Its starting to become clear...

Discussion in 'Digital Photography' started by jakfrost, Jan 15, 2009.

  1. jakfrost macrumors member

    Joined:
    Mar 13, 2008
    Location:
    Ontario Canada
    #1
    that all this time I've been blaming the printer for the fact that almost NEVER do the prints look like the images as they are displayed on my 24" iMac.

    I have tried 2 or 3 times with a borrowed Spyder 2 and came up with such mixed results, like different every time, that I just stayed with the default color space.

    Tried 3 different printers, from Canon Epson and HP. Tried multiple paper combinations in each printer.

    Finally figured that I would just have to boost the exposure until it looked like crap on the iMac, just to get some detail in the printed version.

    Then while searching this forum for some information on 'second screen' recommendations I came across a few threads mentioning that the 'glossy 24 iMac' is really difficult if not impossible to get consistent readings from, and that the image on the screen is really boosted, ( by design ).

    Sooo, I'm thinking the problem hasn't been the printers so much as my unrealistic image on the screen...and my misplaced expectations of being able to simply hit 'print' and get something close to what I was looking at on the screen.

    OK, so I'm slow on the learning curve, but now that I have had this 'epiphany'...could someone suggest a screen and printer combination that could possibly provide me with a 'what you see is what you get' solution. Or something that I could work with to get there without having to 'shop' almost every image...??

    I have found suggestions for everything from the Dell 2408 to the Lacie line of monitors. I don't mind spending the money to get something that will do the job, ( however I am not a pro photog, just a 30+ years into it, keen hobbyist ), but I can't afford to keep 'trying different combinations' forever.

    I realize I should have asked this question before I bought the iMac, but well, I did the transition from PC over a year ago, and so between the iMac and the Air am kinda locked into the Apple program. Still, I think that was a good thing, now I would like to make another 'good' move but need some advice first?

    Anyone?

    Jim
     
  2. OreoCookie macrumors 68030

    Joined:
    Apr 14, 2001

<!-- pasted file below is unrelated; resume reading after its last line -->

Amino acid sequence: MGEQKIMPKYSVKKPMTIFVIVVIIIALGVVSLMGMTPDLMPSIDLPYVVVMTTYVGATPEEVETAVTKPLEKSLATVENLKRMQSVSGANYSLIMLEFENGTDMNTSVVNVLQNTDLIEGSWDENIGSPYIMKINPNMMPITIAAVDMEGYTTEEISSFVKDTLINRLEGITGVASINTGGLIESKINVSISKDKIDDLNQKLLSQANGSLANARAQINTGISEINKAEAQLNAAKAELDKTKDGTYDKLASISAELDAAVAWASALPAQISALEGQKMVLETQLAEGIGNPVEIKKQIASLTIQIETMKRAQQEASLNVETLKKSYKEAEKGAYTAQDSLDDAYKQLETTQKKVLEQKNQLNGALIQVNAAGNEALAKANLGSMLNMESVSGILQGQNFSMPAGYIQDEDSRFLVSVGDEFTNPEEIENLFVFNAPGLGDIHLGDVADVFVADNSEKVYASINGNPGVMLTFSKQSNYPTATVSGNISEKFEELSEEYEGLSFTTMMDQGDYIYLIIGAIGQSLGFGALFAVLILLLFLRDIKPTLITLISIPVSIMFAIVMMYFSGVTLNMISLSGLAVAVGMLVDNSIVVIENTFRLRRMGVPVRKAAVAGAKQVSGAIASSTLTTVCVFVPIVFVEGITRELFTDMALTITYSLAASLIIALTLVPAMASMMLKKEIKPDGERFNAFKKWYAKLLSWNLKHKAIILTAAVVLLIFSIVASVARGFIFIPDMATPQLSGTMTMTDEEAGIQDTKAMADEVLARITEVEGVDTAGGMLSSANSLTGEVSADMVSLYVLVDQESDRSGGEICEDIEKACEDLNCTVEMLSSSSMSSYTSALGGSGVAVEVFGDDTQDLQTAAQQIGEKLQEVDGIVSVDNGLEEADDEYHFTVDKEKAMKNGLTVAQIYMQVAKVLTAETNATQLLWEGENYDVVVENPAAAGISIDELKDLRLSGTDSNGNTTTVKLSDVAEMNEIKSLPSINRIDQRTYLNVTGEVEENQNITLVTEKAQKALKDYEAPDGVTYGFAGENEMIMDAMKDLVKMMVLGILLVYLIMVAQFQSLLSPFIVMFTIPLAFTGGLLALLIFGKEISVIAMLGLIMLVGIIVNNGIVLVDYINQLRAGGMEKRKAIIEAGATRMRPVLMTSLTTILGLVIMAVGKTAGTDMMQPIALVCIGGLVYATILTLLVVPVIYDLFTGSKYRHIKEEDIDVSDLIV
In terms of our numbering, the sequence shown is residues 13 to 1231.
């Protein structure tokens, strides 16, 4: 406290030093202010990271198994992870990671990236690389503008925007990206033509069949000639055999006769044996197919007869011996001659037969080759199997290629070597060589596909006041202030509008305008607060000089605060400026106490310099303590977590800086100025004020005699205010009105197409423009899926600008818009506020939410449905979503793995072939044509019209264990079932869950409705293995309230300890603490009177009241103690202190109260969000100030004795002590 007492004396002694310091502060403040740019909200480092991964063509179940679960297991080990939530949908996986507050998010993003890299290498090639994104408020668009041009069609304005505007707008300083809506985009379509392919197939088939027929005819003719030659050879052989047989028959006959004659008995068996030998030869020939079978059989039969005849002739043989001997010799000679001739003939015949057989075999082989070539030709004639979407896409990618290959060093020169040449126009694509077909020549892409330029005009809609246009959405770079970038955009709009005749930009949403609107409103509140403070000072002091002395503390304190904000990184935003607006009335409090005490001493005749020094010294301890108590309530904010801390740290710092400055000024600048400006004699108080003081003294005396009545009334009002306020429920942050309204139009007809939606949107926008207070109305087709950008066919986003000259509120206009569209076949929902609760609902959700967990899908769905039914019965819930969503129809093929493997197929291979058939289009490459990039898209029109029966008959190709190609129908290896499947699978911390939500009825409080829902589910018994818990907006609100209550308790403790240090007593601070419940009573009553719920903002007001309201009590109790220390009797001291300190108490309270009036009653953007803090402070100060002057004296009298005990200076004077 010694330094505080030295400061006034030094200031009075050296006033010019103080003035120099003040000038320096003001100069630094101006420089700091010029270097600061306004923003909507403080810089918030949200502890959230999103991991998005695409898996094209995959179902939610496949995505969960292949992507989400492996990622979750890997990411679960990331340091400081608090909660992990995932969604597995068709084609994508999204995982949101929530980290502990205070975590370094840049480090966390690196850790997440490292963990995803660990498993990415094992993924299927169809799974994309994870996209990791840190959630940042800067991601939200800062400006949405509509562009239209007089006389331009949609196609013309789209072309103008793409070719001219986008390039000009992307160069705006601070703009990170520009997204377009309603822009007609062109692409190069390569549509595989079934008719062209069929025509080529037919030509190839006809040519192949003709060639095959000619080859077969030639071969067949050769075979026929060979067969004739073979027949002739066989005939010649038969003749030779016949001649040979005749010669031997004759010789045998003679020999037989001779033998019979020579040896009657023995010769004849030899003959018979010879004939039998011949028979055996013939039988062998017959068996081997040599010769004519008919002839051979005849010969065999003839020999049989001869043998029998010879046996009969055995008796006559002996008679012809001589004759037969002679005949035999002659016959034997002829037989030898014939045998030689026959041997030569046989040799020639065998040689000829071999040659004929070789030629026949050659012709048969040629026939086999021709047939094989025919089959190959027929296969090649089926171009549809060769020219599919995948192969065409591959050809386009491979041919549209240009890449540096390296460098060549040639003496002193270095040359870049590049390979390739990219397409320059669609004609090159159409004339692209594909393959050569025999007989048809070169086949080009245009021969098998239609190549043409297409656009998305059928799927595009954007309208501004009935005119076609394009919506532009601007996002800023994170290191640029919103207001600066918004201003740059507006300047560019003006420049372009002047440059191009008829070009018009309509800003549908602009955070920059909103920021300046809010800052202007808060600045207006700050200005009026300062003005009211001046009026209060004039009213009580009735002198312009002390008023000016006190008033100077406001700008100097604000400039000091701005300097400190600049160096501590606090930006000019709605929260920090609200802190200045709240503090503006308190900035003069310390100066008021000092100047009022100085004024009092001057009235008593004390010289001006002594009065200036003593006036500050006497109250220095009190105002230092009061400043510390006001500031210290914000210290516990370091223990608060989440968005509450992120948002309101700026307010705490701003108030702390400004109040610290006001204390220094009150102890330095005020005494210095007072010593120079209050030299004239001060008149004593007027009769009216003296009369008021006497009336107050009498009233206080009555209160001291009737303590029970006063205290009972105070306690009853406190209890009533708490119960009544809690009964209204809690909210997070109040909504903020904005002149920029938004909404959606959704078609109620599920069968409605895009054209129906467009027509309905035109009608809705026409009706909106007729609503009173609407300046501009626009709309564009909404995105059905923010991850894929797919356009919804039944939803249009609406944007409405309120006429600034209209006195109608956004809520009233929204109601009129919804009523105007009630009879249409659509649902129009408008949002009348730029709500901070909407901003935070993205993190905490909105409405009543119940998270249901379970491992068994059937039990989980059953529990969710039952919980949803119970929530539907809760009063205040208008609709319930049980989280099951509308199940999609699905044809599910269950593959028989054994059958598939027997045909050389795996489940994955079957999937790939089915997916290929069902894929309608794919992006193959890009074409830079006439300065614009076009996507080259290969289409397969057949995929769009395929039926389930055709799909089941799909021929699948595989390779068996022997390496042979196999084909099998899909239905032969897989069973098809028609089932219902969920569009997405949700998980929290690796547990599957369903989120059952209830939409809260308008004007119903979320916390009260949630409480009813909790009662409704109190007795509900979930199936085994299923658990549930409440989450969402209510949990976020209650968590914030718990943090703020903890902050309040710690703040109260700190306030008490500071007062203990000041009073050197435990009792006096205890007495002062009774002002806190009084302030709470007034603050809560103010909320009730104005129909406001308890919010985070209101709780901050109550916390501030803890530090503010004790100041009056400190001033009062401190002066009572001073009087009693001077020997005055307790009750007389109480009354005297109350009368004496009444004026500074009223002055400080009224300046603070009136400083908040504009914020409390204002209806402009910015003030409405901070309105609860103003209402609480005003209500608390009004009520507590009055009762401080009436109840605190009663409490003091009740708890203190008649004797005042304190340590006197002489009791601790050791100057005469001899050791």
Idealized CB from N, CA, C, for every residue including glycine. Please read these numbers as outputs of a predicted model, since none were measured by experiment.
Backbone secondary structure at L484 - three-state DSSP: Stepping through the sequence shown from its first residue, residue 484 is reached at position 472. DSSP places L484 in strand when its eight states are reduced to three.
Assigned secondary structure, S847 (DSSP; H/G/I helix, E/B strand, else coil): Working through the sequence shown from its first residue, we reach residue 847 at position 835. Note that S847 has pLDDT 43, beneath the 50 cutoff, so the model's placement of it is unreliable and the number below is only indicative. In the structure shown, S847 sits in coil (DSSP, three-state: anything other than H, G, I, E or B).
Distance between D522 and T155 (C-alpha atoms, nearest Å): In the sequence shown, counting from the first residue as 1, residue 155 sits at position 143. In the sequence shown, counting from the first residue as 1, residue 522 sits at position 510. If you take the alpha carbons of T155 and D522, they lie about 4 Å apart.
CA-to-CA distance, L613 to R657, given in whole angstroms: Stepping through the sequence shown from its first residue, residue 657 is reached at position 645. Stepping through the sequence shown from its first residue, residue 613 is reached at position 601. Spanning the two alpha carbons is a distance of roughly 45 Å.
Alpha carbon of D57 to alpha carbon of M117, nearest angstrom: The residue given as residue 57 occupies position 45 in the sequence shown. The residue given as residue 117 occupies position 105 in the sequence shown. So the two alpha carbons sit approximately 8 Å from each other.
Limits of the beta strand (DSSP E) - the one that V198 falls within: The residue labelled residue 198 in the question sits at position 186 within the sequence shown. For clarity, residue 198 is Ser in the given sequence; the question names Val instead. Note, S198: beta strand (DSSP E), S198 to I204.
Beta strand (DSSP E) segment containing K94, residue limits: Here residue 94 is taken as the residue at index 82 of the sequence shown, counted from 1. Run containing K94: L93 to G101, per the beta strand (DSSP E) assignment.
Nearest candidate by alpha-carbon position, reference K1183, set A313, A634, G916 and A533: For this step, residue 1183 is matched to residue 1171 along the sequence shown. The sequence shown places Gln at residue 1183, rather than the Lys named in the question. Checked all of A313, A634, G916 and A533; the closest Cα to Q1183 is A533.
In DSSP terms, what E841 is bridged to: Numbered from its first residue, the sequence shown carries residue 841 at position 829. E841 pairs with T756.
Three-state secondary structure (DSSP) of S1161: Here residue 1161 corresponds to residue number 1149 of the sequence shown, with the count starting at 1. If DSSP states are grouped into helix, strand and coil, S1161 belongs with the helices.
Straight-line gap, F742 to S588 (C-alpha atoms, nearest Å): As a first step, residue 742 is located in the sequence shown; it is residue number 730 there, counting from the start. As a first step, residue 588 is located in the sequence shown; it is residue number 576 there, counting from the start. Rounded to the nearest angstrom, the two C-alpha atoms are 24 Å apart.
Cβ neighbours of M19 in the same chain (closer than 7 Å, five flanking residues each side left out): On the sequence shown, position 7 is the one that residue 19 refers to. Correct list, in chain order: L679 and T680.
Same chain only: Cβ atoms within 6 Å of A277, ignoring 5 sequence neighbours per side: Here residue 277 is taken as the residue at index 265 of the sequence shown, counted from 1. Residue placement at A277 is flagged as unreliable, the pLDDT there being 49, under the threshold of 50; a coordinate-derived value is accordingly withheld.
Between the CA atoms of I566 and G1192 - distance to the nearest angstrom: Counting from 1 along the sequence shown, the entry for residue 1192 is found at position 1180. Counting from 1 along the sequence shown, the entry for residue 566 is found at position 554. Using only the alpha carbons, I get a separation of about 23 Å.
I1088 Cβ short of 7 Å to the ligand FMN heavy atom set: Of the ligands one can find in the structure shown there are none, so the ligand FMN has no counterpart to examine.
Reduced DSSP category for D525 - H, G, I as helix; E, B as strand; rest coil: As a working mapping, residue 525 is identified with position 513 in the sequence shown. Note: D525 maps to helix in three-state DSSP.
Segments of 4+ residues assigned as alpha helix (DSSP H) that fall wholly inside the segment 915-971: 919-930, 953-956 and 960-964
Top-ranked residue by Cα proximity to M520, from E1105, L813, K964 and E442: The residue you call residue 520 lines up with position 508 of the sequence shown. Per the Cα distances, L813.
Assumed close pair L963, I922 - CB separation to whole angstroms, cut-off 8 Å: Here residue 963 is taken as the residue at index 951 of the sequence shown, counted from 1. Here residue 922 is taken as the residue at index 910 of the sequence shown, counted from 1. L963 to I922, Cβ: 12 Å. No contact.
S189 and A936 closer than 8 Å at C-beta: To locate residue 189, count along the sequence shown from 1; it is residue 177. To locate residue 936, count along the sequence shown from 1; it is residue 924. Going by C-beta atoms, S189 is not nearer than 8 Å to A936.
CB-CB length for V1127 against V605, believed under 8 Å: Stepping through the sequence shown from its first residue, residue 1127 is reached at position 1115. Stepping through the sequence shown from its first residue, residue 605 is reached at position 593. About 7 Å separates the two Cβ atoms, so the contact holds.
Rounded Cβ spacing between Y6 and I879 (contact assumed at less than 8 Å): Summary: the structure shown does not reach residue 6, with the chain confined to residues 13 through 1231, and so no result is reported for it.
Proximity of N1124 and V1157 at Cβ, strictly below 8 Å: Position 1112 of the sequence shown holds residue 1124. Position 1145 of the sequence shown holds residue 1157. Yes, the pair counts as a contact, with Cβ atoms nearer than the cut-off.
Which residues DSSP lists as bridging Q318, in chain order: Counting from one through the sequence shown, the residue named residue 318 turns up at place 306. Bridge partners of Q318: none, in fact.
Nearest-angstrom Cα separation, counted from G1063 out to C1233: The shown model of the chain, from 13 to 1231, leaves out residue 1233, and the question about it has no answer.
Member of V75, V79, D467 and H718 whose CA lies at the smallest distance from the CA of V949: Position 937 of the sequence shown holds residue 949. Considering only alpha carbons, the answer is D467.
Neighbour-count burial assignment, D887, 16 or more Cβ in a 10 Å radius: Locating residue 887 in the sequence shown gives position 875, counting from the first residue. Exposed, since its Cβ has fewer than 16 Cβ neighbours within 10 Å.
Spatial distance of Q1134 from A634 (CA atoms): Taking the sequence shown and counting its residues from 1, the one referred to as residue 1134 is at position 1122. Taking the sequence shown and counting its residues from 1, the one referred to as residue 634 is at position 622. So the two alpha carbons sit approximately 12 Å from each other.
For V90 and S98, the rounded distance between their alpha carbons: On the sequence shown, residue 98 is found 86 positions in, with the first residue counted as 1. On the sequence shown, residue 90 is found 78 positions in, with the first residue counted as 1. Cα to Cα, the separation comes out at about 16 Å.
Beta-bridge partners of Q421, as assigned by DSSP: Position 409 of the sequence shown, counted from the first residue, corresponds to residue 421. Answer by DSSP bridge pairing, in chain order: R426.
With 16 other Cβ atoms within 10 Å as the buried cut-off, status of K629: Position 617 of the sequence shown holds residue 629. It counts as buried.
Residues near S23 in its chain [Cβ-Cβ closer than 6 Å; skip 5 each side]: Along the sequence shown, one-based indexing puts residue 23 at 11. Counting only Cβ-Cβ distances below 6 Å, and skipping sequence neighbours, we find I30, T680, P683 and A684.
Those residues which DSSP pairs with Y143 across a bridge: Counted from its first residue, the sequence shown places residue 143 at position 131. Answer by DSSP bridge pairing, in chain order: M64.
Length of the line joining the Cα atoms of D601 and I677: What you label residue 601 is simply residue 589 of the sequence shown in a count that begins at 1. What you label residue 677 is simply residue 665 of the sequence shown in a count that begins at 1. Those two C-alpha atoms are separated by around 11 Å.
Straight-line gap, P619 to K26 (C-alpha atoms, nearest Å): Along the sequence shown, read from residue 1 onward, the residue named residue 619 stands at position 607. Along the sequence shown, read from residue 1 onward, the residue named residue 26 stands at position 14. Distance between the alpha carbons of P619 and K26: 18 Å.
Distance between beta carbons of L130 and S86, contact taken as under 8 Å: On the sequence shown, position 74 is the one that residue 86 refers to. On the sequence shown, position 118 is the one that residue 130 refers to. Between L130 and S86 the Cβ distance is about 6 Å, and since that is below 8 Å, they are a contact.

Location:
    Sendai, Japan
    #2
    I don't think the iMac is to blame, it sounds like a software issue to me.

    Running your screen uncalibrated is the worst thing you could have done. It's quite likely that your attempts at calibrating the screen have been successful. Buying a cheap monitor with TN panel (such as the Dell 2408) will make matters worse. (I'm not saying Dell doesn't make good monitors, they do, their UltraSharp line-up that doesn't use TN panels is very good.)

    Matching colors in your work flow (including printing) is very difficult. Why?
    (i) Your screen and your printer use different methods to make colors (subtractive in case of your screen and additive with printers). This means, getting the same color on your printer than on your screen is very difficult.
    (ii) Most printers have a smaller gamut than screens, images tend to look flatter, for example.
    (iii) The printers were (from what I can tell) not calibrated. Technically, you even have to calibrate each paper-printer combination as the output crucially depends on the paper!
    (iv) Software problems: look in the forums for Aperture/Lightroom/Photoshop and you will discover that many people have problems with printing. The problems are too manifold to explain.

    Why do I think it's not your iMac's screen? Well, your problem is that print outs are too dark. Calibration problems usually manifest themselves in color problems (e. g. skin tones have different hues), but not in brightness problems. Dark printouts sound like a software problem to me, see for example here (dark printouts Epson + Photoshop CS3) or here.